Oxford Languages defines self-care as “taking action to preserve or improve one’s own health; the practice of taking an active role in protecting one’s own well-being and happiness, in particular during periods of stress.”
I didn’t realize how stressed I had been until I woke up lying in the back row of an airplane, wearing an oxygen mask. Apparently, I had been walking down the aisle when I simply fainted. Just before losing consciousness, I remember feeling an overwhelming sense of relief. For one week, our family would be taking a much-needed break from an intense period of life in our host country. I finally felt like I could rest, so my body demanded rest immediately.
Our host country wasn’t causing the stress. In the past, I had been content there. However, one year after we arrived, unforeseen events began that brought insurmountable stress to our team.
We all worked hard so these events would not bring further hurt to our community. The situation was prolonged far beyond our abilities to handle. We were young, scared, and juggling too many impossible tasks. We were also new parents. In the middle of our circumstances, we could not see how unhealthy we were. However, when I woke up in the back of an airplane, I began to realize I was not okay. I had been exhausted too long.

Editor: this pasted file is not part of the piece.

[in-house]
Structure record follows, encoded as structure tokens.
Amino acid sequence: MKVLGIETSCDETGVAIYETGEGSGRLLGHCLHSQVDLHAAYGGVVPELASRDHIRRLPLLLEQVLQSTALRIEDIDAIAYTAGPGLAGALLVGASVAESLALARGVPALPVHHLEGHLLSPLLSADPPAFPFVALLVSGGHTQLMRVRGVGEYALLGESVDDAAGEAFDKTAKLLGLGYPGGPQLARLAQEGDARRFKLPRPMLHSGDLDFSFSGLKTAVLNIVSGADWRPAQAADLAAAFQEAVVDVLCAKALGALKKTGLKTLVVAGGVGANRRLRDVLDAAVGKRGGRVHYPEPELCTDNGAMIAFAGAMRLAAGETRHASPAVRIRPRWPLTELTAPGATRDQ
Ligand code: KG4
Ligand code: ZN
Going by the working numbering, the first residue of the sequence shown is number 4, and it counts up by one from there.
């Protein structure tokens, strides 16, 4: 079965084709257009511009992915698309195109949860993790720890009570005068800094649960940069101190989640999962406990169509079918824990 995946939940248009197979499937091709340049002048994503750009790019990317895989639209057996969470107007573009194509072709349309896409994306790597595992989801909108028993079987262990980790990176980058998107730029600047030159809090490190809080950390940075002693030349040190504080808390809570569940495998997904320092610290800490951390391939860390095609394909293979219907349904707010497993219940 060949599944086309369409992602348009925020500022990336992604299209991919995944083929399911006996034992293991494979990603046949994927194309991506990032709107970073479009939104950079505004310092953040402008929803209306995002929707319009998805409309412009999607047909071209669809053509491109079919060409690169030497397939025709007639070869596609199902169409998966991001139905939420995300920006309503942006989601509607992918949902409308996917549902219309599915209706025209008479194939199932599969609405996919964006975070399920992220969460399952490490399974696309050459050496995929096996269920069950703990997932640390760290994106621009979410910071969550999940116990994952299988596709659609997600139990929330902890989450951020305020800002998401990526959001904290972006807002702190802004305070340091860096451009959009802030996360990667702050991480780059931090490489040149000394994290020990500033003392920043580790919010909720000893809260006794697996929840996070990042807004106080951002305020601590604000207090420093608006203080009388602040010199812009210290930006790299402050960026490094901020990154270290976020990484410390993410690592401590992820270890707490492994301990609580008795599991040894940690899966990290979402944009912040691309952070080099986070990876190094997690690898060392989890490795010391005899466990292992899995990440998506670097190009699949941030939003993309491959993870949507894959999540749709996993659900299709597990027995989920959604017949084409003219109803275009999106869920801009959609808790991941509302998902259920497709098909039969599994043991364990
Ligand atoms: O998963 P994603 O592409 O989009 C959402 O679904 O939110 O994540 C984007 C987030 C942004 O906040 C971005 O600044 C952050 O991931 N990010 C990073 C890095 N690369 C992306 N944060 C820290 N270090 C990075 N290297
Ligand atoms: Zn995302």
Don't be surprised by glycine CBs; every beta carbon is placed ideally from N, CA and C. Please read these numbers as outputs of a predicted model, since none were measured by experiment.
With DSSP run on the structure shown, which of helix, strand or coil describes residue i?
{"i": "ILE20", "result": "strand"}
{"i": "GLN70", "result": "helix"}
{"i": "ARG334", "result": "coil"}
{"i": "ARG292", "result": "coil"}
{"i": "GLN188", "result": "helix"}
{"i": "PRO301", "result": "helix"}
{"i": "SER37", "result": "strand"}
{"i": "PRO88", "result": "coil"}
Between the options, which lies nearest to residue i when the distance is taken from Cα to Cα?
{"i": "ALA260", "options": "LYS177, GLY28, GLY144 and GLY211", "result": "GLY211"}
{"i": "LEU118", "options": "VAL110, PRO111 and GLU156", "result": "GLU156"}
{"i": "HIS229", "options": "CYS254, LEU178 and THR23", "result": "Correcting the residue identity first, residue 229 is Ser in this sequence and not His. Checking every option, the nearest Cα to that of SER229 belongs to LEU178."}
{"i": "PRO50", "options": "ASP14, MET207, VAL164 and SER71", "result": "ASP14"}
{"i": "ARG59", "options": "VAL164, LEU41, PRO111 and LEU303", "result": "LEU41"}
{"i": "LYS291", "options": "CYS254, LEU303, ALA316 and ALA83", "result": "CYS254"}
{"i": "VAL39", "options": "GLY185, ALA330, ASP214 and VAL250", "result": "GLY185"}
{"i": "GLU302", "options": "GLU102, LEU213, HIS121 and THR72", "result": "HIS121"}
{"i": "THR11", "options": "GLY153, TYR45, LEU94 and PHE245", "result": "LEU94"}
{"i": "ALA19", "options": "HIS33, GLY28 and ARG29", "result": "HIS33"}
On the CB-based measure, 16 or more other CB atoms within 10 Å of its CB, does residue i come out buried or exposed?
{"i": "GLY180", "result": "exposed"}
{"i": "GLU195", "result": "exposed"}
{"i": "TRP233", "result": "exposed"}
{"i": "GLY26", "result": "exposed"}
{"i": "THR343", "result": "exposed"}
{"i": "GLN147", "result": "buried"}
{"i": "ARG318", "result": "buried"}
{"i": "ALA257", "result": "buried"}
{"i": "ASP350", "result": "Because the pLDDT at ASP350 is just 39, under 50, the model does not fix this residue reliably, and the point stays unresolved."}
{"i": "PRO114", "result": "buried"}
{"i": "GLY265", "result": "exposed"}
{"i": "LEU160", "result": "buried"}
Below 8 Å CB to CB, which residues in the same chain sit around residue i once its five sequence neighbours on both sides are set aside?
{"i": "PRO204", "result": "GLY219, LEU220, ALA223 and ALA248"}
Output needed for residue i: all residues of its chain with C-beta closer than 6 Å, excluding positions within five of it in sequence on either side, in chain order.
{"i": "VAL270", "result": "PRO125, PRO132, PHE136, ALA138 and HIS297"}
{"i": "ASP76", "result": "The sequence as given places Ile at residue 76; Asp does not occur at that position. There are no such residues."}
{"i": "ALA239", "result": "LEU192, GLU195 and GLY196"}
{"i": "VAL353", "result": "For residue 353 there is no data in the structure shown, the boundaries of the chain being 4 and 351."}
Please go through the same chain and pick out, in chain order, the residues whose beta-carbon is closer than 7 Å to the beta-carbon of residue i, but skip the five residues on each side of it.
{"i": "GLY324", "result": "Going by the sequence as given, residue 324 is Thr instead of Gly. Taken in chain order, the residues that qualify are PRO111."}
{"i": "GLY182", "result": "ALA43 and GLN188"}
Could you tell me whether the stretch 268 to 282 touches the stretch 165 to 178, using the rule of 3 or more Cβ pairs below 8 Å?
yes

I began to put restful activities into my week, like reading books at a local tea shop on Wednesday mornings. I exercised more often. These activities improved my health considerably and my ability to live in my host country for a few more years.
Eventually our family saw we needed to leave. My husband’s doctor told him that continuing with his current life situation would result in serious health crises early in life. To honor the life God had given us, we needed change. Leaving was not cowardly or unspiritual. It was wise. It was not failure; it was acknowledgment we had done what work we could and needed to move into a new season of life. After a period of rest and counseling in our home country, we are serving as global workers again in a new place. Our situation is not perfect, but we are healthy, thriving, and enjoying seeing God at work.
Why is it temping not to rest?
Perhaps because western culture values busyness. Perhaps because I falsely assume that everything depends on me— when in fact the world was running on its own before I arrived on the scene and will continue to do so after I leave. Perhaps because I sometimes fear that self-care means laziness, indulgence, or that others will judge me for self-care if they discover I’m taking rest. Perhaps because it can be easier to show kindness to others than to myself. But rest is vital to life and work. Taking the rest I need is vital to myself, my family, and everyone I serve. Jesus had a human body that needed rest, so I should not consider myself beyond the need for rest.